The provisions of the agreement important to the controversy are the following:

"Section VII -- Strikes, Stoppages, and Lockouts

A. The Union and the Locals will not cause or officially sanction their members to cause or take part in any strike (including sit-downs, stay-ins, slow-downs, or any other stoppage of work) during the life of this Agreement. * * *"

"Section X -- Hours of Work

The basic work week will be forty (40) hours based on eight (8) hours per day, five (5) days per week, Monday to Friday inclusive. An employee's work day is the twenty-four hour period beginning with his regularly assigned starting time on his workshift, and his day of rest starts at the same time on the day or days he is not scheduled to work. His work week starts with his regularly assigned work period on Monday. Variations in hours of and the schedules of hours of the several shifts are subjects for local negotiations."

"Section XII -- Holidays and Vacations

1. Holidays

a. Holidays observed by the Companies will be New Year's Day, Washington's Birthday, Memorial Day, Independence Day, Labor Day, Thanksgiving, and Christmas. Holidays falling on Sunday will be observed on Monday.

b. All hourly paid employees who have completed three (3) months' continuous service immediately preceding the holiday will be paid for their established shift hours on a holiday observed between Monday and Friday both inclusive. Hourly paid employees who were laid off for lack of work and are rehired within five (5) years after layoff, who had completed three (3) months' continuous service and had a total employment of at least one (1) year prior to their layoff, will also receive the above holiday pay.

c. Hourly paid employees will be paid for such hours at their average earned rate, as defined in Section XI, for the pay roll period involved.

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d. The above payment will be made only to hourly paid employees who are on the active roll as of the day before the holiday within the week and who earn some wages during the week in which the holiday falls or any of the four preceding weeks.

e. Salaried employees will be paid for the seven holidays observed by the Companies falling within the work week, Monday to Friday, both inclusive."

The trial judge found as a fact, and again the plaintiffs do not contest his finding, that the conduct of the employees in curtailing their shift hours with the encouragement of the officers of the local union constituted a work stoppage in violation of the first quoted clause from section VII of the agreement. The company, however, has not chosen in this court to assert by reason thereof that it was or is entitled to terminate the agreement in toto and to be relieved of all obligation thereunder. There are evident practical reasons why the company should conclude that such a step is not an expedient course. The company bottoms its defense upon the narrow ground that by their conduct the employees and each of them put themselves in a position where they could not satisfy the condition precedent prescribed by section XII (b) to the payment of holiday pay, namely, that they be hourly paid employees "who have completed three (3) months continuous service immediately preceding the holiday" (Emphasis supplied).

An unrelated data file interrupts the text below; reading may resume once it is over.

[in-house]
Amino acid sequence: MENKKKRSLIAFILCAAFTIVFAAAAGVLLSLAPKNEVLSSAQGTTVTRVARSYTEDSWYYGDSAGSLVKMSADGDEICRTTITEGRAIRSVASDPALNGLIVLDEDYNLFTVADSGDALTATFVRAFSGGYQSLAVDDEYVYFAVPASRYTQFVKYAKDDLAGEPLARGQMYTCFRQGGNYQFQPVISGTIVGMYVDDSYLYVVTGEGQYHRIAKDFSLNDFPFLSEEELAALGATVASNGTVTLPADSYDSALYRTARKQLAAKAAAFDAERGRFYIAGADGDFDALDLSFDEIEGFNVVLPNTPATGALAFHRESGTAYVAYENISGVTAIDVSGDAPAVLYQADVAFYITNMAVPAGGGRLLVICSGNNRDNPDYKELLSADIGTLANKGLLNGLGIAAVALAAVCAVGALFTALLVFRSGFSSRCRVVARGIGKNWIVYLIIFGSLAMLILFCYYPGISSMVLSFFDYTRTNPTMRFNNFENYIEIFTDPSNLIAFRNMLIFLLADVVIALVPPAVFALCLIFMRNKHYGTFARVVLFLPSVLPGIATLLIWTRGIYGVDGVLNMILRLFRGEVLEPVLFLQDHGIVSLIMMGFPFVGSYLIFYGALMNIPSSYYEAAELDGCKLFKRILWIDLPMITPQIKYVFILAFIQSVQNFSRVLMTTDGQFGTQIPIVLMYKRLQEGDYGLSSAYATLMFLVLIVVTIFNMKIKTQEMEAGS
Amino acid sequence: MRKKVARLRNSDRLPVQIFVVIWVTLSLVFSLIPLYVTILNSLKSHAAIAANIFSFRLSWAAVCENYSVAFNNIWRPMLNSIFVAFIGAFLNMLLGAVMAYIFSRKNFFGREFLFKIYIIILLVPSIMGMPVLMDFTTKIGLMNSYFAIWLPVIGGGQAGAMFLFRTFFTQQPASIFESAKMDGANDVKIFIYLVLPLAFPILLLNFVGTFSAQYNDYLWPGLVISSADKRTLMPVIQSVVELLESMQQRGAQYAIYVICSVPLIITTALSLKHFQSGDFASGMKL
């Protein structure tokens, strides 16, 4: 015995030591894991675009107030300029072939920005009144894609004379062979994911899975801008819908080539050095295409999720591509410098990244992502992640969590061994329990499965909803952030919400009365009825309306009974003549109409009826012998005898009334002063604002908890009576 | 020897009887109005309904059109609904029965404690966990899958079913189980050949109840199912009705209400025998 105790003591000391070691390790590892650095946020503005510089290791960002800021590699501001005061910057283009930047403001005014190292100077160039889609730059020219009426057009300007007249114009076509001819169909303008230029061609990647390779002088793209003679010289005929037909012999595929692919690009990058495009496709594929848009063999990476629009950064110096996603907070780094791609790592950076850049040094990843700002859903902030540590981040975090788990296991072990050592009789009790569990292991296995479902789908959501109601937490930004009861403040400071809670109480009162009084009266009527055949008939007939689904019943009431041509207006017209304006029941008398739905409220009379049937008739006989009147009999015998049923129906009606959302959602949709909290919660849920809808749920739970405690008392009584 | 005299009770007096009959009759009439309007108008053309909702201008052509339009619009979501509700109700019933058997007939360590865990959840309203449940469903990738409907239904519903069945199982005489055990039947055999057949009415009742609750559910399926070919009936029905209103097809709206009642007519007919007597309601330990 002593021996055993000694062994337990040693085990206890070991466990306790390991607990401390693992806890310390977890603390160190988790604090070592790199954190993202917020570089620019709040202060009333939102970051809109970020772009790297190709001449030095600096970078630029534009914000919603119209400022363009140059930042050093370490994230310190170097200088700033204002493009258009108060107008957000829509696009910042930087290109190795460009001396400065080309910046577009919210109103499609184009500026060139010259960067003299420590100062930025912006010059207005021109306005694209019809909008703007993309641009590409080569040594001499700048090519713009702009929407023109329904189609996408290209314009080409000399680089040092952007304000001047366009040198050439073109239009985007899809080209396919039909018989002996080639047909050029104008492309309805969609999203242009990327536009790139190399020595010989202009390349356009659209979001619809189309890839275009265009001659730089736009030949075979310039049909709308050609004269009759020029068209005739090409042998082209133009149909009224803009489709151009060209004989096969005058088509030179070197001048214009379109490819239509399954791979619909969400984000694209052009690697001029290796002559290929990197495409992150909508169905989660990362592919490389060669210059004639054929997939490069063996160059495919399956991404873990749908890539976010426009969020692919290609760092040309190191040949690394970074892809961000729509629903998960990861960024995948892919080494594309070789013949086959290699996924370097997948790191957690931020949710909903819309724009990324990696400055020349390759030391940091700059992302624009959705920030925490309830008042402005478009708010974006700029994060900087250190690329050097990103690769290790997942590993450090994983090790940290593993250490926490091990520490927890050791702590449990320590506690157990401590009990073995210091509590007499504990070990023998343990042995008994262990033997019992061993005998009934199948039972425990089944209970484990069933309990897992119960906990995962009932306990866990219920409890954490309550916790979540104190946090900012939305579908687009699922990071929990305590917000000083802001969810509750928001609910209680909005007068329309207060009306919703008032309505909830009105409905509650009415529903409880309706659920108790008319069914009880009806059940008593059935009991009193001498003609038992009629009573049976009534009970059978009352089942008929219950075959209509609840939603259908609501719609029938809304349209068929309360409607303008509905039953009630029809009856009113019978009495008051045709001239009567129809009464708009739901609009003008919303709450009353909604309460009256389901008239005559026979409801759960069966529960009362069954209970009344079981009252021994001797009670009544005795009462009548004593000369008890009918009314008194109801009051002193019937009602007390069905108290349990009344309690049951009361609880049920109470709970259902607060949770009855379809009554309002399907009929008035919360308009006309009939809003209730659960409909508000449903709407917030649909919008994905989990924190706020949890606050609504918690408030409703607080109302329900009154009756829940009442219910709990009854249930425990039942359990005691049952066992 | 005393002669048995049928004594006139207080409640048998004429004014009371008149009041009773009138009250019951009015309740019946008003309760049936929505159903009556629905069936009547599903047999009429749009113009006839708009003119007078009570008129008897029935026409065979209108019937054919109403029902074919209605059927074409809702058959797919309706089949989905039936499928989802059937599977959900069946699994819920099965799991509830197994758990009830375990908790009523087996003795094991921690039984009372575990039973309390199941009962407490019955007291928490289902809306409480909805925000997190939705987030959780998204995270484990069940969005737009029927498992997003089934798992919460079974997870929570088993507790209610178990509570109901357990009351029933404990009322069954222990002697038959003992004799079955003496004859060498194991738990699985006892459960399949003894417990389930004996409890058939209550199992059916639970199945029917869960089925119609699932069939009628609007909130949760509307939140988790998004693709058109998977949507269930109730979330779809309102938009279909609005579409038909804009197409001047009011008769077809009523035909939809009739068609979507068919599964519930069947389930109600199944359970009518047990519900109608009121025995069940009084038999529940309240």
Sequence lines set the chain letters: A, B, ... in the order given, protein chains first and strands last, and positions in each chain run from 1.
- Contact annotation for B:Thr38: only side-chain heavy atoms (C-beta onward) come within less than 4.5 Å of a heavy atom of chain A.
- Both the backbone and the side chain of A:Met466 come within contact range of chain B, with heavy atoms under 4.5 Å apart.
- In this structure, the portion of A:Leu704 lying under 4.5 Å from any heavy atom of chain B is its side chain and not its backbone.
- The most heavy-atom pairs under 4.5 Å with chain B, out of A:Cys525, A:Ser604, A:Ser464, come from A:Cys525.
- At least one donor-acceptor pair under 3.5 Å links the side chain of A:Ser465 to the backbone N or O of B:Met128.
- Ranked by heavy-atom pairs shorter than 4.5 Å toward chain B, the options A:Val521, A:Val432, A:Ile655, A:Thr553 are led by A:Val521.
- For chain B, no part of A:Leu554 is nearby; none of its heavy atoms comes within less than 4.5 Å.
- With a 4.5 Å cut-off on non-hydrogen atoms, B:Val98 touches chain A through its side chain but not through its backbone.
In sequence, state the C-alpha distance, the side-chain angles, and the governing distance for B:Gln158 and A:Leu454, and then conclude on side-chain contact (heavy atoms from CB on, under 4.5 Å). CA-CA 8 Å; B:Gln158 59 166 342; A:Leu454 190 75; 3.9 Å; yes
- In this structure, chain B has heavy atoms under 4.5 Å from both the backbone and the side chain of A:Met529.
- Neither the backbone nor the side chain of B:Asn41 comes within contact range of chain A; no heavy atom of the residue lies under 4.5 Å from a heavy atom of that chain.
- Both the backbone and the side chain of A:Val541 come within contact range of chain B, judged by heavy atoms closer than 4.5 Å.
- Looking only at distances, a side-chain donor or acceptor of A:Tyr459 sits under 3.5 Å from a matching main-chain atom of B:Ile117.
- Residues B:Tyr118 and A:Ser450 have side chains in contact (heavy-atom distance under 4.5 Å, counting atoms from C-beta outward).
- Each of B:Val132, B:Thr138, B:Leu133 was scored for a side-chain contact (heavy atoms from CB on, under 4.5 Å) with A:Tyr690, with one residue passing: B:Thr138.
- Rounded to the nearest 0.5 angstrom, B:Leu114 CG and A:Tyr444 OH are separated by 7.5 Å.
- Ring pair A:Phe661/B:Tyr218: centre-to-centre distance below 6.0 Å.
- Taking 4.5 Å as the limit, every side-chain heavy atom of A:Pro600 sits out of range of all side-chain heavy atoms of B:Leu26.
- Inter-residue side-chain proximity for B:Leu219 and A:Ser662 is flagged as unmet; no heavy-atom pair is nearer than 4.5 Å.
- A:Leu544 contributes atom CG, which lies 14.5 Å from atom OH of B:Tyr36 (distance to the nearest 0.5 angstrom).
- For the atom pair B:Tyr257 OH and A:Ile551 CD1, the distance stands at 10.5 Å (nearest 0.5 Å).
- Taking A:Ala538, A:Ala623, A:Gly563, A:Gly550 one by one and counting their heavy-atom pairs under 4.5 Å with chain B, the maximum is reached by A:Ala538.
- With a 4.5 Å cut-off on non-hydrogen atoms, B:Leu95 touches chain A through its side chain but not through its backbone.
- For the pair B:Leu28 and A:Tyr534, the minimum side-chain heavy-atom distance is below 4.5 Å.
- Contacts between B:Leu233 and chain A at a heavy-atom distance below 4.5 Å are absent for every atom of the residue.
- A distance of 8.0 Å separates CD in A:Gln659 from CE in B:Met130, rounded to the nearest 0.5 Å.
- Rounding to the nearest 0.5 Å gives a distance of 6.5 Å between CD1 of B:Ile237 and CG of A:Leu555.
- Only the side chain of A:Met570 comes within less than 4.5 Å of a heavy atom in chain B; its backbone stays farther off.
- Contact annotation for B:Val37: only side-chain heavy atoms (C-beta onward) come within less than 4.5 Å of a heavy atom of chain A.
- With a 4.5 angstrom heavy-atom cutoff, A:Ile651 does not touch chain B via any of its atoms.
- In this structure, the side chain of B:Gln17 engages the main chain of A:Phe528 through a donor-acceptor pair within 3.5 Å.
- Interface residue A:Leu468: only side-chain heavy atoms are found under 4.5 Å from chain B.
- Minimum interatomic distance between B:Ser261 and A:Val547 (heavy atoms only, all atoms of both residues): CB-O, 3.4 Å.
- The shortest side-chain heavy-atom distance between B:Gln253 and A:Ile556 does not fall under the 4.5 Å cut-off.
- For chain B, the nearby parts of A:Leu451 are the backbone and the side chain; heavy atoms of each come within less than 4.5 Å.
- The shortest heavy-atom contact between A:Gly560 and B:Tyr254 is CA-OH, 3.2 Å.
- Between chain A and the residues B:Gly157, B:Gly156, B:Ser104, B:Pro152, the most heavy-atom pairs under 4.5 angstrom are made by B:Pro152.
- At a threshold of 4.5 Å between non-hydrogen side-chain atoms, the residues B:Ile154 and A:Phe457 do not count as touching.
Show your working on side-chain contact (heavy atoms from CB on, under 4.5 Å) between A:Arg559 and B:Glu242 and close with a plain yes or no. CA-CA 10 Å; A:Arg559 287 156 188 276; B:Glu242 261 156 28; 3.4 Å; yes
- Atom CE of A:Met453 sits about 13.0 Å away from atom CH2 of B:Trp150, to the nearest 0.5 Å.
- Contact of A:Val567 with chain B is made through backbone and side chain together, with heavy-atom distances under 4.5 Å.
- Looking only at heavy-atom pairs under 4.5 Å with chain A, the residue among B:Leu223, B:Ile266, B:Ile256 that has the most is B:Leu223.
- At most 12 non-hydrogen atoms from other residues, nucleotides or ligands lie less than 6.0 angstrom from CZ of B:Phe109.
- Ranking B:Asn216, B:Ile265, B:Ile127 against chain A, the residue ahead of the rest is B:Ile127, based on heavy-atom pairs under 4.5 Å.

The gist of plaintiffs' argument opposing the company's contention is that "continuous service" means and was intended by the parties to mean no more than that the employees should have been, as they were, on the company's "active" payroll during the three-month period, that is, have the "status" of employees continuously during that time. They insist that this is the meaning the words have acquired in labor relations parlance and point to their widespread use in that sense in clauses of collective bargaining agreements governing seniority, vacation pay and pensions. They cite arbitration awards so construing the words in connection with such clauses, concluding that the awards show a "consistent equating of 'service' to seniority accumulation, and 'continuous'

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to the continuity of employment status." They argue that the agreement before us also points irresistibly to the use of the words in that sense inasmuch as paragraph (d) of section XII provides that to be entitled to holiday pay an employee who has the required three months' continuous service has only to be "on the active roll as of the day before the observed holiday within the week and earn some wages during the week in which such holiday falls or any of the four preceding weeks."